The days leading up to MWC 2014 were dominated by news of both Oppo and Xiaomi expanding their presence in the region. It was, largely, well received, as most of our readers enjoying the potential for growing smartphone options. The situation bears another look now that MWC is past. So are both Oppo and Xiaomi still viable options now that we know what is to come in the next 6 months?
If you missed all the news from MWC, we have a short roundup of everything that mattered here.
With this in mind, perhaps it would be a good time to rethink what the public perceives to be an excellent smartphone. It cannot simply be about hardware specifications anymore; developments have plateaued for long enough for most manufacturers to now compete on more or less even footing.
Nor is a smartphone a status symbol any longer. The days of impressing one’s peers with a shiny new phone are slipping away. The last few years has seen it evolve into a necessity in the workplace. Only the iPhone appears to retain its image of prestige, and even that has cracked since the introduction of the iPhone 5C late last year. Similarly Samsung’s marketing arm is working in overdrive, but still faces a divided opinion on whether the plastic finish is classy or cheap.
Of late, manufacturers have tried alternative features such as unique camera functions, biometric scanners, and improved resiliency against water. While these features add an extra dimension to the experience, they are, occasionally, too much of a novelty to improve everyday use.
For instance, Samsung has announced the Galaxy S5 with the most powerful octa-core Exynos processor to date, and a fingerprint scanner that prevents the kind of ‘creative’ use that happened with the iPhone. It will also pack a new 16 Megapixel camera that will either excite fans or invite comparisons to Nokia’s Pureview technology .
Of course, every large sensor on a smartphone will bear the same scrutiny. It might be easy to assume that neither Oppo nor Xiaomi will even attempt to compete in such a costly area; at least not in the near future. Yet, there are rumours that the upcoming Oppo Find 7 will feature a 50 Megapixel camera. Rumours which, even if untrue, indicate that Oppo will likely seek to compete at the highest level.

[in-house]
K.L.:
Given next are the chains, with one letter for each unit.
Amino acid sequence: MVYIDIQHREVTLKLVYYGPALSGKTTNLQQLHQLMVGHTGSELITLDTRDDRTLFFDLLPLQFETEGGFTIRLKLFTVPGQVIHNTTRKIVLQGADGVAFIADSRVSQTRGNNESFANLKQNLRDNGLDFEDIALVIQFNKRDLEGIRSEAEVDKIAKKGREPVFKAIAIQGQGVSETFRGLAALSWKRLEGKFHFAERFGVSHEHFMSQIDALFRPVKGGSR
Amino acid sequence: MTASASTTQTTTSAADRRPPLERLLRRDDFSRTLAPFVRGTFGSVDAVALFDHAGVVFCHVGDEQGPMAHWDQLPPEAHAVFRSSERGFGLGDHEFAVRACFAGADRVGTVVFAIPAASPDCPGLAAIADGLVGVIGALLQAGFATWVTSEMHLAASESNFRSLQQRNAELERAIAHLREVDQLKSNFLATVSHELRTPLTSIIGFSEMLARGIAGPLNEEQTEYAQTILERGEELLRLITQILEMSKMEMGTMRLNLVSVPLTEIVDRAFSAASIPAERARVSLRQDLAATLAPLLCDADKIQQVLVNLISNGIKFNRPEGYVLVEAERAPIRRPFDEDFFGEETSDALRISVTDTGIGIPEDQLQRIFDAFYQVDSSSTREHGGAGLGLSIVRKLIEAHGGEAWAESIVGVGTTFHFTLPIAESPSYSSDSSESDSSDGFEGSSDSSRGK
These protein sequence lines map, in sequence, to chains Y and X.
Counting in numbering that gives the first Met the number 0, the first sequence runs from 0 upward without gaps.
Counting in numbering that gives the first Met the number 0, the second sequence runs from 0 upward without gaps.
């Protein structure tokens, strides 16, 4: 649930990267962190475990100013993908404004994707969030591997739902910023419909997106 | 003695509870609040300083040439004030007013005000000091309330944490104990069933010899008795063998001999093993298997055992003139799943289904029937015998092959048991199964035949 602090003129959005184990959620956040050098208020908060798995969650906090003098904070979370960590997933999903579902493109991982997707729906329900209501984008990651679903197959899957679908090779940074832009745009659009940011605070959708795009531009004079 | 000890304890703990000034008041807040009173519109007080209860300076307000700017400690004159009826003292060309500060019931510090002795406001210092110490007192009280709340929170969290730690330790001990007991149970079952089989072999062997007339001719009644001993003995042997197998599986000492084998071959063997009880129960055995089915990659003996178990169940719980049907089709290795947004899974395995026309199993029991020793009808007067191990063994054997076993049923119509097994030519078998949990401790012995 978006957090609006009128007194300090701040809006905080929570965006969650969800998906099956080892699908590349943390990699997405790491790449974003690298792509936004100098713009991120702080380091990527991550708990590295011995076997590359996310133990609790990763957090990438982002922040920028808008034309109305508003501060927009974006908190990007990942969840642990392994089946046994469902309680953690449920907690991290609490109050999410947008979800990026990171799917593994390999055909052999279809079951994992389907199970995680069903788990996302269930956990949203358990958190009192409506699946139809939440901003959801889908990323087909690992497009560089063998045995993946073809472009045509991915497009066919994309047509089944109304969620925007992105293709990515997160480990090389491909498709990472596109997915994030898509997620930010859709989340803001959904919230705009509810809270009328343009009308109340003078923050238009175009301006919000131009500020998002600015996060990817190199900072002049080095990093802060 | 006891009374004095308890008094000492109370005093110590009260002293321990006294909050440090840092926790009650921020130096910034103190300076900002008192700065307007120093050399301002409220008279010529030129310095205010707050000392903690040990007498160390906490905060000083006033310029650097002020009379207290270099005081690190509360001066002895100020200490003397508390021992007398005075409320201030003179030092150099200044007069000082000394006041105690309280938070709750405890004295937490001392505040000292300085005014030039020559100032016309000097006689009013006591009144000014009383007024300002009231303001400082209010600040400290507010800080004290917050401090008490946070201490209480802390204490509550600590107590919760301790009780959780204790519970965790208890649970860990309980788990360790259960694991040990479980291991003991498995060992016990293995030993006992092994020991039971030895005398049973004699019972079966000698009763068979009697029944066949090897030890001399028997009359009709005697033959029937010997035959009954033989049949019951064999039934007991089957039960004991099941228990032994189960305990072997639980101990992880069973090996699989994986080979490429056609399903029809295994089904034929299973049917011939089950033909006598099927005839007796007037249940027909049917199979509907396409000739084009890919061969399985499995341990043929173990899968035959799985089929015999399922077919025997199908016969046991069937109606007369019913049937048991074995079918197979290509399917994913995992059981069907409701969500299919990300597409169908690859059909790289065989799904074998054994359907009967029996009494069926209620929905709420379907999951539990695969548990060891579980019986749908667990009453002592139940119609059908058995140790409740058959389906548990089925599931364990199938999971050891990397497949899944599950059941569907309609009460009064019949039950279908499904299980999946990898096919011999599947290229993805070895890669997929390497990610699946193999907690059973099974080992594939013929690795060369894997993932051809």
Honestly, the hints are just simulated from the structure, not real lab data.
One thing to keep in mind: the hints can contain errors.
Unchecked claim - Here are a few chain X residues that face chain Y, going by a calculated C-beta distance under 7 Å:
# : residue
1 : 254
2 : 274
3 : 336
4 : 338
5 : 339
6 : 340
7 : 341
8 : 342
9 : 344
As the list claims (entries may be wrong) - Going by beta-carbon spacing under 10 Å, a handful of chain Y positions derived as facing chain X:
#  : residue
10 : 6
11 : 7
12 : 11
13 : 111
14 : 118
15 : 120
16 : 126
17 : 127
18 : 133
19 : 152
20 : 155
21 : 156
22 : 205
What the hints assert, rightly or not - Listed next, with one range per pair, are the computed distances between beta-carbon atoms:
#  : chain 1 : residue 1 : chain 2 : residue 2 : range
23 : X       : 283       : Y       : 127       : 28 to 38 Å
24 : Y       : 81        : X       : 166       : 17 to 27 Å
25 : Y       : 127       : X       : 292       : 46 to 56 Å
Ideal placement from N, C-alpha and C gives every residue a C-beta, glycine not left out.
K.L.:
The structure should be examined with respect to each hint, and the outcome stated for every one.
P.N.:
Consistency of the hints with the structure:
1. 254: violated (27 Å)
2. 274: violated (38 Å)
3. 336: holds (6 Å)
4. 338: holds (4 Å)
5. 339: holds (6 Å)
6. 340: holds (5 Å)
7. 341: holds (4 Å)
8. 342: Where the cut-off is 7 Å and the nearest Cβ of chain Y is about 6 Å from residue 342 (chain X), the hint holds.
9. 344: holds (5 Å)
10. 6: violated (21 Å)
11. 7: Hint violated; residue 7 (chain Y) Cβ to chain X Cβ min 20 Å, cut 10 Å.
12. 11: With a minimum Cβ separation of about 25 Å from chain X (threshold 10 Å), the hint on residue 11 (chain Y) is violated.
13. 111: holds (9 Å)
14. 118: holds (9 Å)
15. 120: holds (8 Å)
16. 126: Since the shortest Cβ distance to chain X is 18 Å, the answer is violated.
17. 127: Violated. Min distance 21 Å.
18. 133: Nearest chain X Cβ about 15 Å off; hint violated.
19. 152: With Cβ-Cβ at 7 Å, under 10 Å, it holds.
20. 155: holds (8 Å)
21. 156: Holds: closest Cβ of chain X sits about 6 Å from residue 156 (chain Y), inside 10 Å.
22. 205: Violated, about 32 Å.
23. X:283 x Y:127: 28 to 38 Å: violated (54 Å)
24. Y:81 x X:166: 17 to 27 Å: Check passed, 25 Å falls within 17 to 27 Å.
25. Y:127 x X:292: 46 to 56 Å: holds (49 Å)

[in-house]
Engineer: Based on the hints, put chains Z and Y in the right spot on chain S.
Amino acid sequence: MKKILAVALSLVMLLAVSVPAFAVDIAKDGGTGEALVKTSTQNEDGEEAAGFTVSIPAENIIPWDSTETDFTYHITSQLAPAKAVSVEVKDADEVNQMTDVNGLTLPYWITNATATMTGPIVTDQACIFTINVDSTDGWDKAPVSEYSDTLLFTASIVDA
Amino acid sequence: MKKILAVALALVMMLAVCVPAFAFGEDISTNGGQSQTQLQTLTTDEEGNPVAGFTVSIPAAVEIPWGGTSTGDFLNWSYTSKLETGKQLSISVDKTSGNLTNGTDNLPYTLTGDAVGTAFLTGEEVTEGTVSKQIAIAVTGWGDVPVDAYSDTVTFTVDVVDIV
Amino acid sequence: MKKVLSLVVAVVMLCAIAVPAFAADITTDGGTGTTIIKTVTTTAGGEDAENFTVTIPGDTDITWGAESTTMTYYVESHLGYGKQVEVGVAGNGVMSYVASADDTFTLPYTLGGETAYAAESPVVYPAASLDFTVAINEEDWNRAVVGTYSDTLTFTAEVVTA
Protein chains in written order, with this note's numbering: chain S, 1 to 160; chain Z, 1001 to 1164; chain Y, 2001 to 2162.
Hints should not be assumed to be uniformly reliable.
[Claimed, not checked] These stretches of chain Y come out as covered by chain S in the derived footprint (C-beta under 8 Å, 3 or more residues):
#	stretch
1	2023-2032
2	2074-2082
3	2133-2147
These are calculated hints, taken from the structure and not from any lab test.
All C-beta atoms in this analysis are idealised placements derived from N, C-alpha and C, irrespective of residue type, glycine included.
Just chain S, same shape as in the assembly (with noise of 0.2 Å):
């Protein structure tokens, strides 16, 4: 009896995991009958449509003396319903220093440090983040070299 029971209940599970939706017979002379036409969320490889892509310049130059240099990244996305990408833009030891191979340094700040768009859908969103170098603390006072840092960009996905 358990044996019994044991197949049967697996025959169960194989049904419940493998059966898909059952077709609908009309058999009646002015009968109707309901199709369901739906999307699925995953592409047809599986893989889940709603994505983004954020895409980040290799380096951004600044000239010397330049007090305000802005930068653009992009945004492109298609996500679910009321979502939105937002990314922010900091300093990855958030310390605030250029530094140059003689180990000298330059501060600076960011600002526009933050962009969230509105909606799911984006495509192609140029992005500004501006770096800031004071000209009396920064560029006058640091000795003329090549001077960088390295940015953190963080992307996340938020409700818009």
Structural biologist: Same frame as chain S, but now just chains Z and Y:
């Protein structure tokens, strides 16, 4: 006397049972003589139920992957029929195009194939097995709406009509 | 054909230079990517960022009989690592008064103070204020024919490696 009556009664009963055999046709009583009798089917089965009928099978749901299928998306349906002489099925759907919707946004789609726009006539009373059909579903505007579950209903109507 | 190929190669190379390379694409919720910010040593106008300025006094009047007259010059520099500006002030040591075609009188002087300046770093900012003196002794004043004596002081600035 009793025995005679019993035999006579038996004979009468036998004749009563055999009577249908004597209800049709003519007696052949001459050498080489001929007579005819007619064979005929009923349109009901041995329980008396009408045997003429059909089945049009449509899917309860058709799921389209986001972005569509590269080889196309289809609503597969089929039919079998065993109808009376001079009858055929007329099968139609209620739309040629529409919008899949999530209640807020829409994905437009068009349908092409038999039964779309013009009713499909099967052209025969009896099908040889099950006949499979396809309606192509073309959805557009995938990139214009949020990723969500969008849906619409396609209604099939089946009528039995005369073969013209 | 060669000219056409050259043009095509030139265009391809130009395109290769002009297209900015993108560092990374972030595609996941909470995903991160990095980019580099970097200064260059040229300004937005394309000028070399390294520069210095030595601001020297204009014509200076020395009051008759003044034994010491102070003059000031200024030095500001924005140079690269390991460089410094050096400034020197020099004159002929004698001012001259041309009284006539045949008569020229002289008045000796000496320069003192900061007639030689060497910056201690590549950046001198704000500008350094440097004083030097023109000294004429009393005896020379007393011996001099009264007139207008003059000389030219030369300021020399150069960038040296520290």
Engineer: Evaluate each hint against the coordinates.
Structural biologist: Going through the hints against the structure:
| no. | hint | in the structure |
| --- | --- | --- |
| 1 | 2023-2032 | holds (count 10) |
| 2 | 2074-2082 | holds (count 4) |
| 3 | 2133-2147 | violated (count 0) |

If this were to happen, it would not be difficult to imagine Oppo claiming HTC’s position in the smartphone market. HTC only brought two midrange devices to Barcelona, neither of which had an impact on proceedings. The HTC Desire 816 and Desire 610 are entirely bland, possibly due to the company wanting to save the excitement for its next flagship phone to be announced later this month . Still, it would have been more prudent to remain silent and bide some time instead of holding a press conference at the world’s largest mobile device convention to announce mid-range products. Perhaps there is a lesson to be learnt from the way Xiaomi was decidedly absent from the trade show.
Although, admittedly Xiaomi’s target market is not the people watching MWC for news. A difference in approach that has paid off.
Which returns us to our point about the public perception of an excellent smartphone. On one level, the technology behind mobiles plays an important role in how consumers make choices. However, as progress plateaus, it eventually becomes a matter of marketing and novelty.
Retaining the public’s attention and creating brand recognition goes a long way to remaining competitive in any industry. Even those who loyally hate Apple and Samsung must admit that they have an excellent marketing strategy. That alone has allowed these two giants to retain their positions at the top of the mobile device market. Anyone who watched the Oscars will understand what this entails.
Xiaomi also has excellent marketing. What else would one expect from a company run by a man known as the Chinese Steve Jobs? His method of creating artificial supply deficits to drive demand is a master stroke in selling products. A customised operating system based on Android, but not tied to any of Google’s services is likewise a solid platform for enticing those concerned with sharing too much information with one company.
The lack of ties to Google may simply be a matter of circumstance. Its main market, China, happens to block most of Google’s services. A Singaporean release of the Mi3 saw the inclusion of those missing services, which indicates the possibility of future global phones embracing the grasp of Google.
Oppo, on the other hand, has the other quality. One of novelty. In essence, this refers to an unusual feature that is not yet claimed by any other; be it a finger print scanner, heart rate monitor, water proofing, or the like. The N1 is potentially the best selfie smartphone in existence. Simply because it allows the rear camera to rotate to the front. A simple trick that makes this particular phone stand out from the crowd.
Both companies also offer something the other manufacturers do not: prices below RM2,000. At least not on flagship designs. The Xiaomi Mi3, for instance, is currently considered to be the most powerful flagship phone (for the next couple of months); and still manages a price tag well below a Samsung or a HTC. A minor point, but one that greatly matters to anyone shopping for a phone. If either manages to combine their strengths with a superior battery life, expect great changes in the consumer technology industry.
To answer the initial question: yes, Oppo and Xiaomi are very much viable options for smartphones. If only because they have gone their own way in gathering a core of loyal fans. Exploring alternative means of competing opens more options for consumers; and options are a good thing.